A few words about book's author
Sue Miller is the bestselling author of While I Was Gone, The Distinguished Guest, For Love, Family Pictures, Inventing the Abbotts, and The Good Mother. She lives in Cambridge, Massachusetts.
Since her iconic first novel, The Good Mother in 1986, Sue Miller has distinguished herself as one of our most elegant and widely celebrated chroniclers of family life, with a singular gift for laying bare the interior lives of her characters. While not strictly speaking autobiographical, Millers fiction is, nonetheless, shaped by her experiences. Born into an academic and ecclesiastical family, she grew up in Chicagos Hyde Park and went to college at Harvard. She was married at 20 and held down a series of odd jobs until her son Ben was born in 1968. She separated from her first husband in 1971, subsequently divorced, and for 13 years was a single parent in Cambridge, Massachusetts, working in day care, taking in roomers, and writing whenever she could. In these early years, Millers productivity was directly proportional to her ability to win grants and fellowships. An endowment in 1979 allowed her to enroll in the Creative Writing Program at Boston University. A few of her stories were accepted for publication, and she began teaching in the Boston area. Two additional grants in the 1980s enabled her to concentrate on writing fulltime. Published in 1986, her first novel became an international bestseller. Since then, success has followed success. Two of Millers books (The Good Mother and Inventing the Abbots) have been made into feature films; her 1990 novel Family Pictures was nominated for a National Book Critics Circle Award; Oprah Winfrey selected While I Was Gone for her popular Book Club; and in 2004, a first foray into nonfiction — the poignant, intensely personal memoir The Story of My Father — was widely praised for its narrative eloquence and character dramatization. Miller is a distinguished practitioner of domestic fiction, a time-honored genre stretching back to Jane Austen, Henry James, and Leo Tolstoy and honed to perfection by such modern literary luminaries as John Updike, Flannery OConnor, and Richard Ford. A careful observer of quotidian detail, she stretches her novels across the canvas of home and hearth, creating extraordinary stories out of the quiet intimacies of marriage, family, and friendship. In an article written for the New York Times Writers on Writing series, she explains: For me everyday life in the hands of a fine writer seems ... charged with meaning. When I write, I want to bring a sense of that charge, that meaning, to what may fairly be called the domestic.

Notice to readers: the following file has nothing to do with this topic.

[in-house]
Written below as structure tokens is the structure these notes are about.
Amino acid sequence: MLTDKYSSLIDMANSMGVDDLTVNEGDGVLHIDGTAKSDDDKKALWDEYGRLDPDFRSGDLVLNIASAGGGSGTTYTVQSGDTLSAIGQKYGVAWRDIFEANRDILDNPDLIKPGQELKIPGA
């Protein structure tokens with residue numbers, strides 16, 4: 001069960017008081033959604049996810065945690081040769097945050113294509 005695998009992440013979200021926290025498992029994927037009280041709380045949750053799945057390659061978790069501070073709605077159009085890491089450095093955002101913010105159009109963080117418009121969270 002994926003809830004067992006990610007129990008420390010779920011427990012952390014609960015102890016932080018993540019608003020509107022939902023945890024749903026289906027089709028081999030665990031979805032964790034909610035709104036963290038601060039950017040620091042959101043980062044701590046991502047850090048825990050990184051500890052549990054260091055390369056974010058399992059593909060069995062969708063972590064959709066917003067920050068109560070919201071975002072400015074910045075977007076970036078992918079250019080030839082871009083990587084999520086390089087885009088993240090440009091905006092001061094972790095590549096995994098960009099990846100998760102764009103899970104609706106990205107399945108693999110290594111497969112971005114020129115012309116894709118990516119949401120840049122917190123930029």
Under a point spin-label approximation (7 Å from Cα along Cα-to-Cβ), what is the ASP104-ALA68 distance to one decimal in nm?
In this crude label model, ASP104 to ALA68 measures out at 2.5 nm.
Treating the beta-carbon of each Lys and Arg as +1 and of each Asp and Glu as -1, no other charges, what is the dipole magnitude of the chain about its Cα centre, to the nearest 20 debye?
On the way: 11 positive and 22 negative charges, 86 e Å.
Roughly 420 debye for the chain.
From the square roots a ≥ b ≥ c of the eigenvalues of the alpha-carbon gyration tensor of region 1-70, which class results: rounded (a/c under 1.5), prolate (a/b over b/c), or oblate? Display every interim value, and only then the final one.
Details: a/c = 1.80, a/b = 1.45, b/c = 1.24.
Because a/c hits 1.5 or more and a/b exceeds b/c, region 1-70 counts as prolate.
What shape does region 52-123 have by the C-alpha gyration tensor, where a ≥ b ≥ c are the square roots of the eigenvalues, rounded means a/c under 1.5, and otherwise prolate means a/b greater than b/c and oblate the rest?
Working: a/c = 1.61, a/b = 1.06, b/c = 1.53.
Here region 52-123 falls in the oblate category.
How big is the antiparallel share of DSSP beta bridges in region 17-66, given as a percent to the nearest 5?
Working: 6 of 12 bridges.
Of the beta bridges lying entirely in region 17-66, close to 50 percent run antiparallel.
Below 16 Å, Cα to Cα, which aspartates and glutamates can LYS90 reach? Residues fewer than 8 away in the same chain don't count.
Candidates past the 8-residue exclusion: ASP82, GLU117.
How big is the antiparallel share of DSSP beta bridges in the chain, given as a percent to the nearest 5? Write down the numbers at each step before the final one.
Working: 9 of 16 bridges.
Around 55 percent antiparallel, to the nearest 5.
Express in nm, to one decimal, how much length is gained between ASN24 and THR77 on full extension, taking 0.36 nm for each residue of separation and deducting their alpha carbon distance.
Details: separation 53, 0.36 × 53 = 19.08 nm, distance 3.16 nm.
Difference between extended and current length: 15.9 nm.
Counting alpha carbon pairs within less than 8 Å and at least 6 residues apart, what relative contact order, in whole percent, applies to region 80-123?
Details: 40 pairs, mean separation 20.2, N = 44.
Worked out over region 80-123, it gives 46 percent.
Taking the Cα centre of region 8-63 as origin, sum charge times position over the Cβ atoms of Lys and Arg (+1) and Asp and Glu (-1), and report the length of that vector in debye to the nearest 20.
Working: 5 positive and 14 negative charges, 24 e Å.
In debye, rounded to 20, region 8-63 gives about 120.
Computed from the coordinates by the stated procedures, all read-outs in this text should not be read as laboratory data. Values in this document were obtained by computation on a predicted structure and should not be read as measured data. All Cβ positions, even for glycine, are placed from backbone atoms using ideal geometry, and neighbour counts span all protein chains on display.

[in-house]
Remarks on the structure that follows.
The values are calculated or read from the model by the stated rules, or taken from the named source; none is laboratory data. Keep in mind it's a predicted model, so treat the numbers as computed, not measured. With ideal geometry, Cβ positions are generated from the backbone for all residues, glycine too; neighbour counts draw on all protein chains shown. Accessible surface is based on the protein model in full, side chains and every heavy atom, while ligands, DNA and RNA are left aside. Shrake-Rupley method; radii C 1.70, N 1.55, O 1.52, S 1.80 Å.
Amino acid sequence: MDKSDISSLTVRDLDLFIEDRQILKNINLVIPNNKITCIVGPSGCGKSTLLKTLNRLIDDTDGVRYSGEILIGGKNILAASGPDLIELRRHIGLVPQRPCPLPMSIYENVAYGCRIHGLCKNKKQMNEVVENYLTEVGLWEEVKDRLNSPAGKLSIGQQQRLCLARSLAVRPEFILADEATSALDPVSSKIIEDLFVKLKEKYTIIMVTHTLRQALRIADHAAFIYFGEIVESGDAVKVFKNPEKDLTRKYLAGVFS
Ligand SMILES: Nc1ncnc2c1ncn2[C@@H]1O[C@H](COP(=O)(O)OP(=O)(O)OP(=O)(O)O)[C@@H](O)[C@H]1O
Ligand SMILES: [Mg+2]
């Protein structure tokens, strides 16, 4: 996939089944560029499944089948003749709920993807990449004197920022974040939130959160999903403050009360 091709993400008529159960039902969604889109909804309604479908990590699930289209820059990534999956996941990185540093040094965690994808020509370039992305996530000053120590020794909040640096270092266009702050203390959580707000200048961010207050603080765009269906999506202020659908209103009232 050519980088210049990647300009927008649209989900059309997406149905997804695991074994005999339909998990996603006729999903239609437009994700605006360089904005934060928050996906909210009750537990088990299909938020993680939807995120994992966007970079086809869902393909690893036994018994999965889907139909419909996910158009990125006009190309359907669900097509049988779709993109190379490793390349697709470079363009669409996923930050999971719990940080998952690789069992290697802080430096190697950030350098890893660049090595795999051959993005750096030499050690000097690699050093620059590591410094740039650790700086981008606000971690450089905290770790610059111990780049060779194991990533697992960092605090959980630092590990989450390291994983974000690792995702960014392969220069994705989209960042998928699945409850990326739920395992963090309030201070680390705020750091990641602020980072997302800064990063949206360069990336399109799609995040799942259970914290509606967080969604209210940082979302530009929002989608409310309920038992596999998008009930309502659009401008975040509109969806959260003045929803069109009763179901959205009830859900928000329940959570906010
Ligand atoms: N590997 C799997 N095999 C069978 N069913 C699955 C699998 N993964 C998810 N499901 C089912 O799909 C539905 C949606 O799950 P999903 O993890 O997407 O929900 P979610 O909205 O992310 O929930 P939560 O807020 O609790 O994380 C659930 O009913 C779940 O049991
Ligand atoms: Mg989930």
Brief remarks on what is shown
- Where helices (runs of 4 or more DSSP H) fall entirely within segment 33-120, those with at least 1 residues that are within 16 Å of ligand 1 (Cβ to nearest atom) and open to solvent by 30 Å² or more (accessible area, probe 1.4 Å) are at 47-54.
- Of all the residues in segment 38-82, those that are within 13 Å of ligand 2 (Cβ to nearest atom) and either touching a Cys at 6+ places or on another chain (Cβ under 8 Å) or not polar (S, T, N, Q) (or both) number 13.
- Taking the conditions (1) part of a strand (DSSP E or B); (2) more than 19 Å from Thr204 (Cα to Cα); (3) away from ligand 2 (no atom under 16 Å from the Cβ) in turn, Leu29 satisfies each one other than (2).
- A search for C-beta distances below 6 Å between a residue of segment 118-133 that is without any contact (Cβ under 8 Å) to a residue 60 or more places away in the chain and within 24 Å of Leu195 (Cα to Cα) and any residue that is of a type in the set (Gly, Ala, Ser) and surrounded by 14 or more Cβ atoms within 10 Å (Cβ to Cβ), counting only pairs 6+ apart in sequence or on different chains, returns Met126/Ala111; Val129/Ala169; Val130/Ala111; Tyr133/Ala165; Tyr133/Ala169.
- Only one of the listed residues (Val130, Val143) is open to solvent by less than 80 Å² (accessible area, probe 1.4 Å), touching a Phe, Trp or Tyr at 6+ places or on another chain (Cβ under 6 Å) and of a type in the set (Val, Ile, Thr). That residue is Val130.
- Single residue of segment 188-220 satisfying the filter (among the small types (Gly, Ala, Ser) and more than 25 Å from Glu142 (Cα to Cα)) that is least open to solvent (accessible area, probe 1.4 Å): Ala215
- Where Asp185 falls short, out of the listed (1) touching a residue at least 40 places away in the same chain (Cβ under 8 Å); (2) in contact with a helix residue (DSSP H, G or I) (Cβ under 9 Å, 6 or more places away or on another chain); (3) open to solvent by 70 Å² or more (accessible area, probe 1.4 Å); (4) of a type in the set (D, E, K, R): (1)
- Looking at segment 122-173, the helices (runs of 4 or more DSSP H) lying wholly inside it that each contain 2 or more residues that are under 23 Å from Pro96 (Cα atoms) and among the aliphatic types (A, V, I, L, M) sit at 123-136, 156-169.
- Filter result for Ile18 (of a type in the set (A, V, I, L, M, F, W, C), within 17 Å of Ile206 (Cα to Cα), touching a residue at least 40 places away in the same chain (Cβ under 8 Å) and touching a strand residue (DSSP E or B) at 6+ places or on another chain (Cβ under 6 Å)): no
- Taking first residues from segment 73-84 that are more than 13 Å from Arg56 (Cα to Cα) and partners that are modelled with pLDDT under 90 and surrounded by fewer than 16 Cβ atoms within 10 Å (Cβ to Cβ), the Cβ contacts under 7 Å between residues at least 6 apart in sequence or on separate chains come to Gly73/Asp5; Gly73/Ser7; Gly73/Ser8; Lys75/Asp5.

Good To Know
Here are some fascinating outtakes from our interview with Sue Miller: I come from a long line of clergy. My father was an ordained minister in the Presbyterian church, though as I grew up, he was primarily an academic at several seminaries — the University of Chicago, and then Princeton. Both my grandfathers were also ministers, and their fathers too. It goes back farther than that in a more sporadic way. I spent a year working as a cocktail waitress in a seedy bar just outside New Haven, Connecticut. Think high heels, mesh tights, and the concentrated smell of nicotine. Think of the possible connections of this fact to the first fact, above. I like northern California, where weve had a second home were selling — its just too far away from Boston. Ive had a garden there that has been a delight to create, as the plants are so different from those in New England, which is where Ive done most of my gardening. I had to read up on them. I studied Italian gardens too — the weather is very Mediterranean. I like weeding — its almost a form of meditation. I like little children. I loved working in daycare and talking to kids, learning how they form their ideas about the worlds workings — always intriguing, often funny. I try to have little children in my life, always. I want to make time to take piano lessons again. I did it for a while as an adult and enjoyed it. I like to cook and to have people over. I love talking with people over good food and wine. Conversation — its one of lifes deepest pleasures.